6 things to know before investing in India

Mumbai skyline

HVS’ latest FHRAI Indian Hotel Survey examines the performance of hotels in several key cities over 2015 and 2016. Here are six major takeaways.

1. The country's numbers are improving

Countrywide, the average daily rate registered in 2015-16 was Rs 5,128 ($USD 76), the highest recorded since 2009-10. Similarly, occupancy continued to improve, recorded at 62.1 percent in the previous fiscal year

2. Bengaluru is hot

Hotels in Bengaluru (formerly Bangalore) saw a surge of 15.3 percent in marketwide RevPAR over the course of 2015 and 2016, surpassing the other major hotel markets in the country. Driven mainly by occupancy growth, the city's hotels also displayed a marginal increase in average rates, ending a four-year downward trend. The fact that the resilient market performance was accompanied by a 6-percent growth in supply bodes well for the city that is expected to add approximately 3,500 rooms in a phased manner over the next five years.

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The city, however, continues to face challenges, mainly due to the “paralyzing infrastructure” and lack of a convention center built to international standards. HVS, however, remains “extremely optimistic” about the city’s hotel market performance, with a steady increase in RevPAR anticipated for the next three to five years.

3. Chennai on the rebound

In spite of devastating floods in late 2015, Chennai’s hotel market continued improving. Several new properties opened within the city, including the InterContinental Resort, Fortune Select Grand  and Turyaa by Heritance in the last calendar year alone. All the micro-markets in Chennai recorded a growth in occupancy in 2015-16, while average rates declined marginally. More than 1,000 new rooms are expected over the next two years, and a growing MICE scene will boost the city’s appeal for developers.

4. Kolkata is changing

For the first time, hotels in Kolkata (formerly Calcutta) are now divided into two distinct micro-markets—the city hotels, which serve the CBD and south-western industrial corridor, and hotels along the eastern periphery (serving Rajarhat, Salt Lake and the EM Bypass).

In 2015-16, while room night demand had not witnessed noteworthy change, demand from the commercial and extended-stay segments grew proportionate to that of commercial/industrial activity in Kolkata. Leisure demand improved marginally in this market, which HVS attributes to initiatives like new river cruises, which attract foreign tourists to the city. 

HVS expects approximately 3,000 rooms to enter the market over the next five years. Due to the micro-market distinction, the impact on existing hotels may be cushioned to some extent; however, it is likely that the city hotels will experience supply pressure.

5. Mumbai is ripe for investment

Mumbai's hotel market reached the highest occupancy recorded over the past four years compared to all major markets across the country. The city also saw the highest ADR, making it the best performing hotel market in terms of RevPAR too.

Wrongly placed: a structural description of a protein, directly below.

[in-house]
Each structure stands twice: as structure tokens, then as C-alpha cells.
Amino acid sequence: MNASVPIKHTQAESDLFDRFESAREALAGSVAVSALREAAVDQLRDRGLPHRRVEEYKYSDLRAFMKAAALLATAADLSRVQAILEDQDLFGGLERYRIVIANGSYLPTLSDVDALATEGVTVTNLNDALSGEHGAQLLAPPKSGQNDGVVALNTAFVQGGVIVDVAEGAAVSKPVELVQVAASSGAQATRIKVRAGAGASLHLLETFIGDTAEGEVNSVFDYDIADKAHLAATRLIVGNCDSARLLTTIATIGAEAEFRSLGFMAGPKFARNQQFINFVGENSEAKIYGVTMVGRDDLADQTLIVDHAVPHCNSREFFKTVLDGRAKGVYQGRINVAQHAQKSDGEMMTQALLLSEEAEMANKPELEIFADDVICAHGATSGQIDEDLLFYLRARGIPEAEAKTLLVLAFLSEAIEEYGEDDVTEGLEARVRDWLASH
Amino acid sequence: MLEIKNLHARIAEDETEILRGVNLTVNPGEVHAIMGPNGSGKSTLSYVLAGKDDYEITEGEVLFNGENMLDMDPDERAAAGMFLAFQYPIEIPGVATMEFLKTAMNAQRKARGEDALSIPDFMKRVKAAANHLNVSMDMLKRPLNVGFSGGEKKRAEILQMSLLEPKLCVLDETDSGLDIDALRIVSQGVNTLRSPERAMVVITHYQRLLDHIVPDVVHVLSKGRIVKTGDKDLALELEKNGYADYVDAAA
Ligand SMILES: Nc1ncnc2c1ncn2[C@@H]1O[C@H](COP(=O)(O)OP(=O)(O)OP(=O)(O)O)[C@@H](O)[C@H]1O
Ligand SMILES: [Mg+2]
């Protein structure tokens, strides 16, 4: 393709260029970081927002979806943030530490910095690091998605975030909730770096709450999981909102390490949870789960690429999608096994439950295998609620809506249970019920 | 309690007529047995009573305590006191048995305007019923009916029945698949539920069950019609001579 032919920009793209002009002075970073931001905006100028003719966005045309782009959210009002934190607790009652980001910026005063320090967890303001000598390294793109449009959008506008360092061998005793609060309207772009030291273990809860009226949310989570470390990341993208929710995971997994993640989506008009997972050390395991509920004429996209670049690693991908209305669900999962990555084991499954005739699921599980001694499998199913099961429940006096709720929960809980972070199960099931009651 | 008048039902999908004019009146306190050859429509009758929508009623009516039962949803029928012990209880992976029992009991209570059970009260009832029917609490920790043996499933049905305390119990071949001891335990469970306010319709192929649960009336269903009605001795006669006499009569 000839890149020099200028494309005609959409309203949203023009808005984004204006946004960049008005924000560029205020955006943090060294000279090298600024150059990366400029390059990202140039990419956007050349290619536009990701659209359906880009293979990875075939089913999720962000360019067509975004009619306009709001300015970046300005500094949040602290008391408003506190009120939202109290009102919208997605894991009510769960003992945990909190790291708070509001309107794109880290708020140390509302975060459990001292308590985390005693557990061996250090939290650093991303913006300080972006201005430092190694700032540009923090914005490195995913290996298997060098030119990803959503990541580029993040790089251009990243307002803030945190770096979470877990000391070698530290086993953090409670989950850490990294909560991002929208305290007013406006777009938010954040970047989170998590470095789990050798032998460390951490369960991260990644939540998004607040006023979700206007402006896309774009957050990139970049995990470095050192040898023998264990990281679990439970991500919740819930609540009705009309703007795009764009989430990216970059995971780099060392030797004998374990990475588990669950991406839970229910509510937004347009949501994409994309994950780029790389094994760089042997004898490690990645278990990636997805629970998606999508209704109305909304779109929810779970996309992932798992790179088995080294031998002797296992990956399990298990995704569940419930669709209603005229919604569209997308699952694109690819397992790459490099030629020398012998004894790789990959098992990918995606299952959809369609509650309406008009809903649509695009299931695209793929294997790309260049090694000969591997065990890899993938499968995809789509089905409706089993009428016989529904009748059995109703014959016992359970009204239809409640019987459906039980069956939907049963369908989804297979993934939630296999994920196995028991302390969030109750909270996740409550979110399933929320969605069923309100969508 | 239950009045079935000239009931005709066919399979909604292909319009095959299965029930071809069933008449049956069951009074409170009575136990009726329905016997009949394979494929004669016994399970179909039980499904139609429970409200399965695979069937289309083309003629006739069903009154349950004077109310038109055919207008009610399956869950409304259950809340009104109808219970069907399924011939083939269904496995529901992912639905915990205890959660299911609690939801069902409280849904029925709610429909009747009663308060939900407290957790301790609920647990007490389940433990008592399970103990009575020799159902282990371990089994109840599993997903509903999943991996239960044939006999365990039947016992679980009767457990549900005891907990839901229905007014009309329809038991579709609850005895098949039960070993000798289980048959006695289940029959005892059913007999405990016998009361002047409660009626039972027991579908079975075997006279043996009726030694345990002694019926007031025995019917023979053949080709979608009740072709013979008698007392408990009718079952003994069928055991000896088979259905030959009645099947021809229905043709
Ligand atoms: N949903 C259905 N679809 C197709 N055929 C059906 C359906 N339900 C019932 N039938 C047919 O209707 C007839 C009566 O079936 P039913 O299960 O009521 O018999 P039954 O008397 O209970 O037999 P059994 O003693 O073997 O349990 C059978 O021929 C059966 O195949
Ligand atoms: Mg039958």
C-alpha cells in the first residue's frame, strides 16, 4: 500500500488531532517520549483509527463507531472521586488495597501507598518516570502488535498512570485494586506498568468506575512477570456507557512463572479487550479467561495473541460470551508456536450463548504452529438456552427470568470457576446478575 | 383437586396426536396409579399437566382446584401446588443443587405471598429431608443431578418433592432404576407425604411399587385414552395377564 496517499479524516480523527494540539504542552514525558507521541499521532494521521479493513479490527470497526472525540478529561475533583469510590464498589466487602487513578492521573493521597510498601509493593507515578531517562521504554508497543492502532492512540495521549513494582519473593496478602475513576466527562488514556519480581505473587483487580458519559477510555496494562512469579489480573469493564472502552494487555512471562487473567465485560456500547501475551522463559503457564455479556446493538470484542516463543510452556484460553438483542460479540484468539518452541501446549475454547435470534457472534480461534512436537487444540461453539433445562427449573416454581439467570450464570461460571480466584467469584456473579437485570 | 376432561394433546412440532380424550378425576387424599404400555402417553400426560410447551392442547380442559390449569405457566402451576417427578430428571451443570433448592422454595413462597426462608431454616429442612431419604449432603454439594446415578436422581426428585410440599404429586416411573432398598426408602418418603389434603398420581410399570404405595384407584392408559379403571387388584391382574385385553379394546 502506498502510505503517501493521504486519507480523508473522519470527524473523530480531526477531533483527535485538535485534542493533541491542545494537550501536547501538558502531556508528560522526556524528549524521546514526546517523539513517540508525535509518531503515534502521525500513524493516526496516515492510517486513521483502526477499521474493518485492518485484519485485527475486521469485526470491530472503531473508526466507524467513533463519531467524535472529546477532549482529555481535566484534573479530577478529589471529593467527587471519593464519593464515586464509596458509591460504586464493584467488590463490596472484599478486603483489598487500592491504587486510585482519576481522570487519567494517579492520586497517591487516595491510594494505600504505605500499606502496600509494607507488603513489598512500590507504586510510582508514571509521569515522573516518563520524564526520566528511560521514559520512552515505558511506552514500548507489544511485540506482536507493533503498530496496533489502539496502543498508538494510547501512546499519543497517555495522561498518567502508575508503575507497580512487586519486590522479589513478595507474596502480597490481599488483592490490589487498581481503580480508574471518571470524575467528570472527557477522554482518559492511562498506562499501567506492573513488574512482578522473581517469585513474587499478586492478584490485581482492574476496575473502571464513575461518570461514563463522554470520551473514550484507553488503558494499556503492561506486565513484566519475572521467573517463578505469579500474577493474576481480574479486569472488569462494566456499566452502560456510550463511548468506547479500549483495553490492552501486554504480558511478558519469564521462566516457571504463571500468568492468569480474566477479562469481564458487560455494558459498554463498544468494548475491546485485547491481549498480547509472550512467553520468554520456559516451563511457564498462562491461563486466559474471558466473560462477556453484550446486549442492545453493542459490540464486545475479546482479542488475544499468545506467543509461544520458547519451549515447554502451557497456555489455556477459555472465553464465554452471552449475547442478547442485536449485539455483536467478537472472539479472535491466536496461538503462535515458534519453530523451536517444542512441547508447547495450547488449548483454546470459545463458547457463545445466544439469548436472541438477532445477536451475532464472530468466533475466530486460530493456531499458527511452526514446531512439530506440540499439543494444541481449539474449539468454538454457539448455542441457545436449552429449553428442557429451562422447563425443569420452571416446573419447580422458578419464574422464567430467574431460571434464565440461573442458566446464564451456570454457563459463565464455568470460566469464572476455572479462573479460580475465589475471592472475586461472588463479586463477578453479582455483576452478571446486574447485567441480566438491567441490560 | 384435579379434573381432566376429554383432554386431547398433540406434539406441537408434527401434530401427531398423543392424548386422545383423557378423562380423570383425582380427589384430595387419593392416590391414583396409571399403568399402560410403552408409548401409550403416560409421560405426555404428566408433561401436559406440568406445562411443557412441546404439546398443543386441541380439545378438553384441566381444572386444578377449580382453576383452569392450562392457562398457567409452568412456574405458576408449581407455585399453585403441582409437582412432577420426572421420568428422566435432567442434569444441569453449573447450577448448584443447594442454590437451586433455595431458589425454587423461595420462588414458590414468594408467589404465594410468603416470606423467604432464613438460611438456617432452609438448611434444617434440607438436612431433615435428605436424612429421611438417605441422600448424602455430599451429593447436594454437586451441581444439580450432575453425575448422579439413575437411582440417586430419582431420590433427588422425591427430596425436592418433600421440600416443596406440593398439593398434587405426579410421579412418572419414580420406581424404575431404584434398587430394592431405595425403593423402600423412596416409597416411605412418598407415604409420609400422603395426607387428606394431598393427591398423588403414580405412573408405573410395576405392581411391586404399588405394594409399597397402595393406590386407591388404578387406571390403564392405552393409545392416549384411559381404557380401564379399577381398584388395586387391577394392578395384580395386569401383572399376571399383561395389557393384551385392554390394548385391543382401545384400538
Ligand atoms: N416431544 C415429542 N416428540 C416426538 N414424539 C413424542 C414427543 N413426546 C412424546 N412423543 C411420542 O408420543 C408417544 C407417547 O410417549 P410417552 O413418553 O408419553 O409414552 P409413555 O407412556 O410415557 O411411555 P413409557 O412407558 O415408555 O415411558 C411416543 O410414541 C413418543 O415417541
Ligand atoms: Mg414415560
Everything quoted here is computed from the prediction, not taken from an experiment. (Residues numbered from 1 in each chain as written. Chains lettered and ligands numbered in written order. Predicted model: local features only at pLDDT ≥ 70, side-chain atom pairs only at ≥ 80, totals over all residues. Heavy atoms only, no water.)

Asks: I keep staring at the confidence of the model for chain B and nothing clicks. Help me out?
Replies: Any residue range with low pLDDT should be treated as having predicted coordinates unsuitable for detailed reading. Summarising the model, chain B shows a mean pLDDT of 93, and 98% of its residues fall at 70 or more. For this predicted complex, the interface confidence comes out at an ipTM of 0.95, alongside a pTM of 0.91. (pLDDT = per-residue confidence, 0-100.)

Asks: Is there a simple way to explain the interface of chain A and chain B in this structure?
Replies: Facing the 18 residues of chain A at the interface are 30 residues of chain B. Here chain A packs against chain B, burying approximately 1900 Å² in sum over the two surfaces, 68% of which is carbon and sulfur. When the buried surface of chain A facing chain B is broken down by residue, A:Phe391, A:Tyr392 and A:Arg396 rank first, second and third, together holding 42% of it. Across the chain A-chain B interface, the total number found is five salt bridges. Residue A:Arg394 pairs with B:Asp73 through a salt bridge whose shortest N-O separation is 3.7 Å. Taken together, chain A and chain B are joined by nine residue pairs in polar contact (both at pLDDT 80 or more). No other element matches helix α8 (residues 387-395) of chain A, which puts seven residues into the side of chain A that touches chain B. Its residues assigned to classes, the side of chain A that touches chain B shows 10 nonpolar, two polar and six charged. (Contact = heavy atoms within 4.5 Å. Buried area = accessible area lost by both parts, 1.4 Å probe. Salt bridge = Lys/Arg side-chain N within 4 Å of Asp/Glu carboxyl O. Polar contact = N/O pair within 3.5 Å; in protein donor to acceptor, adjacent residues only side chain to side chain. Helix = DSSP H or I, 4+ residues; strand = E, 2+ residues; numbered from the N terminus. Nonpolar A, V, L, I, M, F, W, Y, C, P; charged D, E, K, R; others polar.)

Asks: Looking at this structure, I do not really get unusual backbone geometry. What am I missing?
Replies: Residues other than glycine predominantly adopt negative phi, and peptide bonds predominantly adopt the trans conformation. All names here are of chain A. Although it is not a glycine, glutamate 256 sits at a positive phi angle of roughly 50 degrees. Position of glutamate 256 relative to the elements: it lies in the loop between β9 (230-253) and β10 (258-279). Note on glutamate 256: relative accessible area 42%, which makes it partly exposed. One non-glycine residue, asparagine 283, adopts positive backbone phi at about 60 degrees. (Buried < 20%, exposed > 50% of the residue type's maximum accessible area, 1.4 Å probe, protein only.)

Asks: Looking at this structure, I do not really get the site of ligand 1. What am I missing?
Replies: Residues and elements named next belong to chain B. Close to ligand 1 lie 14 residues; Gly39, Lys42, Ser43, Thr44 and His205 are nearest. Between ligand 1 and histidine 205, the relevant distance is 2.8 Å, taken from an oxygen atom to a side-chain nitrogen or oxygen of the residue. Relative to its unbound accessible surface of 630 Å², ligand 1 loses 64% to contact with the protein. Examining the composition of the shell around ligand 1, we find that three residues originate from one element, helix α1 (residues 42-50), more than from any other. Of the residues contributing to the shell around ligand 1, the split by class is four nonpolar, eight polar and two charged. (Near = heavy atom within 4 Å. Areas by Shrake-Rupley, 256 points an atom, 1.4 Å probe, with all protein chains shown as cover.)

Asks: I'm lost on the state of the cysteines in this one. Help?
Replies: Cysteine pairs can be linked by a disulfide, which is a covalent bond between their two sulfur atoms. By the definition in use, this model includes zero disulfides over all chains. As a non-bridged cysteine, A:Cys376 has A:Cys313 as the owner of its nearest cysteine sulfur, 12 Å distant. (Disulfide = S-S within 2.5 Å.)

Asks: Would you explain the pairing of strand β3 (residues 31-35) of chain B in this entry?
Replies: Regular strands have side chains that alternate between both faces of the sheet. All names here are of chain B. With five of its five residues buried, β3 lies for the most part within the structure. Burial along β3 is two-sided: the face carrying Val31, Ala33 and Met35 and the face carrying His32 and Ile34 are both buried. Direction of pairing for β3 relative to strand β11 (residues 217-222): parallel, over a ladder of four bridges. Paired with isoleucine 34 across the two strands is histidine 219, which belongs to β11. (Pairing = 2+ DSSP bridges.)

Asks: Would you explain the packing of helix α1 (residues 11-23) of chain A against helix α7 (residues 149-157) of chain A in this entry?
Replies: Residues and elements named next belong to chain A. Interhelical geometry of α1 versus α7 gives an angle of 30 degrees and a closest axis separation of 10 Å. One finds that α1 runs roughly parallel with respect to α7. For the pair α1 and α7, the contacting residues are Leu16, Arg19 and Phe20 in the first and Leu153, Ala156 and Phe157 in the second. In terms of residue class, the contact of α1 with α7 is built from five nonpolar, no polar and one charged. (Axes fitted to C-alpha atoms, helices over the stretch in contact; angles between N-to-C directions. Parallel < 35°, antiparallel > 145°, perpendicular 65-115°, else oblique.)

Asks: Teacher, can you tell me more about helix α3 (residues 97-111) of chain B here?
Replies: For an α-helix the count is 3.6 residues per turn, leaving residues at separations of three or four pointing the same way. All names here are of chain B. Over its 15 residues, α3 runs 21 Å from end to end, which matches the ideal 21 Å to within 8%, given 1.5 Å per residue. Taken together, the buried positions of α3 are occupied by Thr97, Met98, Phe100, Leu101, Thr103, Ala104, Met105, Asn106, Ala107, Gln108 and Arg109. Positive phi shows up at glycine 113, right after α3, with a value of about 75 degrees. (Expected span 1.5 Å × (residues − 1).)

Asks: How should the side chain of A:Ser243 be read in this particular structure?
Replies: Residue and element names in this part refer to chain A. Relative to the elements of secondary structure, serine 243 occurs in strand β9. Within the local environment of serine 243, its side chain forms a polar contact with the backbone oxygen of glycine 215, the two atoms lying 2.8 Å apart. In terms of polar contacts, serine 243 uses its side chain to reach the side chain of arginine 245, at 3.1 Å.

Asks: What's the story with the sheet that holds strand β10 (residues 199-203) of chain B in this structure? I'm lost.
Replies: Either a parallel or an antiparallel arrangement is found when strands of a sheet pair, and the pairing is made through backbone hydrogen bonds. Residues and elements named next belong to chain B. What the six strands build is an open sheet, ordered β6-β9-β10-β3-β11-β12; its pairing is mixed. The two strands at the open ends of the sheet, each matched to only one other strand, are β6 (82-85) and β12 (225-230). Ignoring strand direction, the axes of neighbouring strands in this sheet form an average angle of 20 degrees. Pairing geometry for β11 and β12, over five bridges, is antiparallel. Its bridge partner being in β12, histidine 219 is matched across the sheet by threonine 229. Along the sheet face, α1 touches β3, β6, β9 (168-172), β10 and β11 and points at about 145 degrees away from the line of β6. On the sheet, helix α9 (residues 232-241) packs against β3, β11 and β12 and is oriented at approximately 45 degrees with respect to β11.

A closer look at Mumbai's three micro-markets—South, Central and North Mumbai—which have minimal overlap in room-night demand, revealed an increase in occupancy and ADR in each. HVS attributes strong growth in corporate travel, an upswing in MICE demand and the growing extended-stay segment for the improvements.

In the short term, the bulk of the supply is expected to be within the upscale and luxury segments, which should help increase ADR city-wide. In the medium to long term, HVS expects the Mumbai International Airport Limited landside development (which includes several new hotels) to also improve the city’s hospitality scene. Upcoming improvements in infrastructure the Coastal Road, the extension of the Metro and Monorail and a proposed convention center are also poised to assist in hotel performances. Going forward, HVS forecasts steady growth in the city's performance in the coming years.

6. New Delhi is a mixed bag

New Delhi is home to the largest branded hotel market in the country. In spite of supply pressure, the city’s hotels recorded a year-on-year RevPAR growth in 2015-16. Not all areas saw similar numbers, however: The Aerocity hospitality district saw an increase in occupied room nights driven by growth in corporate, transient and MICE demand. The demand previously catered to by the independent sector in the area has been absorbed by the branded mid-market and budget hotels. On the other hand, Central, South and East Delhi hotels saw average rates decline as they fought to compete with Aerocity. This resulted in a drop of 4.6 percent in market-wide ADR which was, however, compensated by a solid 8.2-percent growth in occupancy over the previous year.

HVS expects that the city will add approximately 2,800 rooms over the next five years, with the major part of the supply in the upscale and mid-market positioning. However, demand for room nights does not show signs of slowing down, and given that the existing hotels are moving towards a rate-driven strategy, the market is expected to absorb the new supply successfully over the medium term. Therefore, the outlook for the New Delhi market remains positive. 

 

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